Before the days of debit cards and electronic banking, paper checks and cash were the common ways people paid for things. Once a month your bank statement would arrive in the mail along with your cancelled checks and you would sit down and balance your check book. That really consisted of simply checking what the bank statement said you had spent vs. what you had recorded in your check register.
Today, reconciling a bank account is almost a forgotten skill. I found one study that indicated that 8 out of 10 people either never or rarely balance their checkbook. So if we can track most of our transactions online now, is there ay benefit to reconciling your bank accounts? Here are four reasons you should continue this “archaic” process.
Check for errors
Believe it or not banks do make errors occasionally. By reviewing your transactions each month, you are much more likely to catch a transaction that doesn’t look quite right. If you see a charge that you don’t recall making, call your bank and inquire.
If you are regularly balancing your checkbook that means you are paying attention to where your money is going. When you are paying attention you are much less likely to overdraft your account and bounce checks. When you are reviewing your transaction each month you will notice that $200 check you wrote 2 months ago which hasn’t cleared your account yet for whatever reason. Those are the kinds of things we can easily forget and then we get a nasty surprise when we have 3 bounced checks because that $200 one finally cleared.
Protect against identity theft
Identity theft is a growing concern as it seems that almost every week there is another account of some retailer whose systems have been hacked. When you are checking your transactions each month, you are much more likely to catch it if someone is making bogus charges against your account.
Finally, looking at your spending a month at a time is one more way that you can review your spending each month. As you look through that list you have the opportunity to consider if your spending really reflects your most important desires. Is there a category that you are spending a lot on which really isn’t that important to you? Do you wish you were able to give or save more? As you look through that list of expenses you had the previous month, you have a good opportunity to consider those questions.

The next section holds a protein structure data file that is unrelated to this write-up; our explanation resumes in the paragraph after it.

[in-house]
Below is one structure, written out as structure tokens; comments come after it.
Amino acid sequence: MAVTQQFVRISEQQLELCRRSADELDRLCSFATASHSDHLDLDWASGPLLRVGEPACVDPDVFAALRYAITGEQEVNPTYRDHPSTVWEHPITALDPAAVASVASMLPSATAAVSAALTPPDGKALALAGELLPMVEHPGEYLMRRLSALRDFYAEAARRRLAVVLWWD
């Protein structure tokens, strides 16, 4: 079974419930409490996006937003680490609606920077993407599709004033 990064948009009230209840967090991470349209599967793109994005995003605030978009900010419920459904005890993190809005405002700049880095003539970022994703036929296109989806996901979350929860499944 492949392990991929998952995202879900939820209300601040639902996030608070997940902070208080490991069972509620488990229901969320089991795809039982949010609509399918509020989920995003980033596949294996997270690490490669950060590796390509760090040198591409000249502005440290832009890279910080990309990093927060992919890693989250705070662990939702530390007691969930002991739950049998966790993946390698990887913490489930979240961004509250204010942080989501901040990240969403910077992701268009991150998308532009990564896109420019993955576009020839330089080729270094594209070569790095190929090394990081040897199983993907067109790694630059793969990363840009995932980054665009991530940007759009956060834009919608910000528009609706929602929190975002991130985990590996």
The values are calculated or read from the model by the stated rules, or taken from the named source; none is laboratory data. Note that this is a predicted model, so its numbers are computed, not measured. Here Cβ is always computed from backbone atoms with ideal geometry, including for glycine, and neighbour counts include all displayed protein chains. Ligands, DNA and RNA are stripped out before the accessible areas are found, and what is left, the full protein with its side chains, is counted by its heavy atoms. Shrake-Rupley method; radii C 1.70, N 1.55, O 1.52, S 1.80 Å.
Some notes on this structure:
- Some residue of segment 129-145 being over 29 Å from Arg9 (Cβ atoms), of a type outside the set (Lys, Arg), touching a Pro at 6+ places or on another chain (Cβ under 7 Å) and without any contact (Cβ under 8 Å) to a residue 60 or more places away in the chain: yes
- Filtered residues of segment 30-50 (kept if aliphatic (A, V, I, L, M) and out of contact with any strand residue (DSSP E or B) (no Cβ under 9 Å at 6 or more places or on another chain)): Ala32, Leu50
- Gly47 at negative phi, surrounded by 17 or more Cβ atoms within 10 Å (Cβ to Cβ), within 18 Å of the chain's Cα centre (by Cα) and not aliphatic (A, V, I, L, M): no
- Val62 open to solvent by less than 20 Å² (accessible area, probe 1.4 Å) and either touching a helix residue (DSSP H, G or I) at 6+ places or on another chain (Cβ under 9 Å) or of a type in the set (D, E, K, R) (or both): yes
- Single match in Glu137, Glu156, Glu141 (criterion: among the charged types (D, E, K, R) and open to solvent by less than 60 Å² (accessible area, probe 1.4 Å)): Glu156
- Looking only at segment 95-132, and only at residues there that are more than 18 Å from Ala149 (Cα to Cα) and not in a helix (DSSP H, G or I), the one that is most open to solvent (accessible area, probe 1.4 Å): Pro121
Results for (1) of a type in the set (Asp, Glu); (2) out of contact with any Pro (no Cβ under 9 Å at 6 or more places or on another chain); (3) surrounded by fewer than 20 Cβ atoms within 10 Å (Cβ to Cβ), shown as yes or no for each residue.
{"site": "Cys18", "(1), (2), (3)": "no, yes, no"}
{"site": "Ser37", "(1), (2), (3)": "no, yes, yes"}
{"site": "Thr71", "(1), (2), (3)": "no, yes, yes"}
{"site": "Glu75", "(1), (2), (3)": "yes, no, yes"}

So how do I do it?
I think one reason many people do not reconcile their accounts is that they were never really taught how to do it. I know I was never taught how. But the truth is it really isn’t that hard.
First you need to get a copy of your monthly statement. Your statement will list your opening balance for the month and you start with that.
Next you start going through your account register or you can check your transactions online. Any payments or withdrawals you made are subtracted from that opening balance. Any deposits are added. Continue through checking off each transactions you made. When you are finished all of the transactions you made that have cleared your account should be accounted for and your total should match the ending balance on your statement. When it does then your account has been balanced and you are all set for another month.
Technology makes this even easier
When I opened my first checking account many years ago, the bank would send me a statement in the mail each month and then I had to manually go through the items in my check register, total them up, and check them off to make sure everything balanced.
You can still do it this way, though most banks stopped sending out statements by mail a long time ago so you may have to download your statement from the bank’s website.
While it isn’t hard to do it this way, it can be a bit cumbersome and tedious. The good news is that technology has made this much easier.
I actually started using Quicken to manage my accounts many years ago for this very reason. Using Quicken reconciling is easy. I simply enter in the beginning balance and ending balance and then go through the statement one line at a time and check off the corresponding transaction. Quicken does all the math and record keeping for me automatically and it takes me only a few minutes each month to balance my account.
When I first started using Quicken I had to manually enter each payment or deposit that I made. Technology has made even this a no brainer though as now I can just automatically download my transactions and I don’t have to enter anything. (I actually still do some of my accounts manually just because I am nerdy enough to actually enjoy tracking those things and the benefit of seeing exactly what I spent each month. )
If that still seems too hard, there are online services like Mint.com that can make this process even easier. Simply connect them to your bank account and they do most of the work for you.
If you haven’t been in the habit of reconciling your bank accounts, I urge you to start this month. It really isn’t that hard and it will give you a feeling of confidence because you will know exactly where your money went.